Turbo Boost


Turbo Boost is the term that Apple very proudly boasts about its processors. The term actually was invented by Intel. In certain versions of Intel processors,  they can run over their clock-speed to give extra performance and faster speed. This is called Turbo Boost.

MacBooks have this feature. When the laptop is lightly loaded, all of its cores are not in use; the processor shuts down the unused cores and in turn, increases the clock-speed of the used cores. That is of course if enough power is there and the temperature is at a safe level. This gives a dramatic increase in the processor speed. For example, the 1.8GHz i5 processor can be pushed to around 2.9GHz. The custom option 2.2GHz i7 processor can reach up to 3.2GHz through Turbo Boost.

How to use Turbo Boost

Whether or not you should use Turbo Boost depends on the following factors.

  • Number of active cores
  • Estimated current consumption
  • Estimated power consumption
  • Processor temperature

In many CPUs, you have to manually enable Turbo Boost and then if the above factors allow, it is enabled. However, in MacBooks, Turbo Boost is enabled automatically whenever it is possible. This may have certain disadvantages too like you may want a longer battery or you feel that the laptop is heating more. In such cases, you may not want the additional boost but you can’t manually disable it.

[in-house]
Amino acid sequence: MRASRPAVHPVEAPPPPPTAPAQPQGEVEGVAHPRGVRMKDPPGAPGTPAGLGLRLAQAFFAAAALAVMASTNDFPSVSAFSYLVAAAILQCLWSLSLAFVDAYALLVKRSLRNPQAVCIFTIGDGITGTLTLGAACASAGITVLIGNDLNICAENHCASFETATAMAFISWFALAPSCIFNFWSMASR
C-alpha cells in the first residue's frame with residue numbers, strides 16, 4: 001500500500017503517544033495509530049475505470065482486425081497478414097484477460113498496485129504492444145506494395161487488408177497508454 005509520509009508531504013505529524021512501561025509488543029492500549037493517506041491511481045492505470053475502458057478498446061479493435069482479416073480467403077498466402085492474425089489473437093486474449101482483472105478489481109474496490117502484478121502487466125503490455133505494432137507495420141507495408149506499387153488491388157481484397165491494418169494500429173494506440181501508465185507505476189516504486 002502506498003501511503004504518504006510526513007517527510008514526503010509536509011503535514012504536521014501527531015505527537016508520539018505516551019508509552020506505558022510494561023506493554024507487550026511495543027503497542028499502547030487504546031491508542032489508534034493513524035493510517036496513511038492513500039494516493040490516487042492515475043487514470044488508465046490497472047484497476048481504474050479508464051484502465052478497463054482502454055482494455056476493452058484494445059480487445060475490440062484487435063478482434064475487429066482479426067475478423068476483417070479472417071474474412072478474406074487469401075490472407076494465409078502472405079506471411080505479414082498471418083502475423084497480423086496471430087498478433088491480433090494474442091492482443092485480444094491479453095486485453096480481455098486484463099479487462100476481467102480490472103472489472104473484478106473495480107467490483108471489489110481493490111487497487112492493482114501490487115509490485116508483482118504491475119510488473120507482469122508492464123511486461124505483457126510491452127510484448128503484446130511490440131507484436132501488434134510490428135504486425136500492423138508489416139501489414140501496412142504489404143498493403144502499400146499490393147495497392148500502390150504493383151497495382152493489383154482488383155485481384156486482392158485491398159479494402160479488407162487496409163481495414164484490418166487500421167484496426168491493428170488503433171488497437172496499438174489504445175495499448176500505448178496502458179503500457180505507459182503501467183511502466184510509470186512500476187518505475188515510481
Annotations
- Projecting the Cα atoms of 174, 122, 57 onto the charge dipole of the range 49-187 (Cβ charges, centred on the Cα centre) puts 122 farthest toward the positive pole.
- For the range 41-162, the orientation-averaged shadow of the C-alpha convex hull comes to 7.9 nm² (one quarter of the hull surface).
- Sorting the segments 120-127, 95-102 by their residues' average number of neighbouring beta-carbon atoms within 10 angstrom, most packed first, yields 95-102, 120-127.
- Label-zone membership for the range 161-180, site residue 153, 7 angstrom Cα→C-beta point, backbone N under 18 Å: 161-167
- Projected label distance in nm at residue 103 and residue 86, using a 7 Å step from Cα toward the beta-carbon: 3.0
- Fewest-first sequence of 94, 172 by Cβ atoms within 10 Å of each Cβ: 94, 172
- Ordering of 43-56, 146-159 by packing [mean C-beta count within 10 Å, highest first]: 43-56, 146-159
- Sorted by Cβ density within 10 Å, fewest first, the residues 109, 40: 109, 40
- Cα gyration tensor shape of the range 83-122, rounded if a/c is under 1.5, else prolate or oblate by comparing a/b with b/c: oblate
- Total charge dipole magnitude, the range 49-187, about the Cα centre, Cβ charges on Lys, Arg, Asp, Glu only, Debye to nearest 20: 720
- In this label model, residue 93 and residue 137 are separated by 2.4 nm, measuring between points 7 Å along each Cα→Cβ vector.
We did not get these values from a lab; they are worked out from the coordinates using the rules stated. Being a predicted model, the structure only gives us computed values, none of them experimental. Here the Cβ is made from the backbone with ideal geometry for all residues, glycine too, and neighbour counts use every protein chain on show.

Practical Example

Let’s take the example of the 2011 MacBook Air with the 1.6 GHz Core i5. The “Turbo Ratio” is set to 0047. The number represents the amount of boost that different cores of CPU can get (4 cores = 0, 3 cores = 0, 2 cores = 4, 1 core = 7). This is a dual-core CPU, hence 3-core and 4-core modes don’t apply here. The number shows a 100 MHz increment. So for Macbook Air (2011), the boost that can be achieved is:

1.6 GHz + 400 MHz = 2.0 GHz, if 2 cores are running

1.6 GHz + 700 MHz = 2.3 GHz, if 1 core is running

Turbo Boost on Wikipedia

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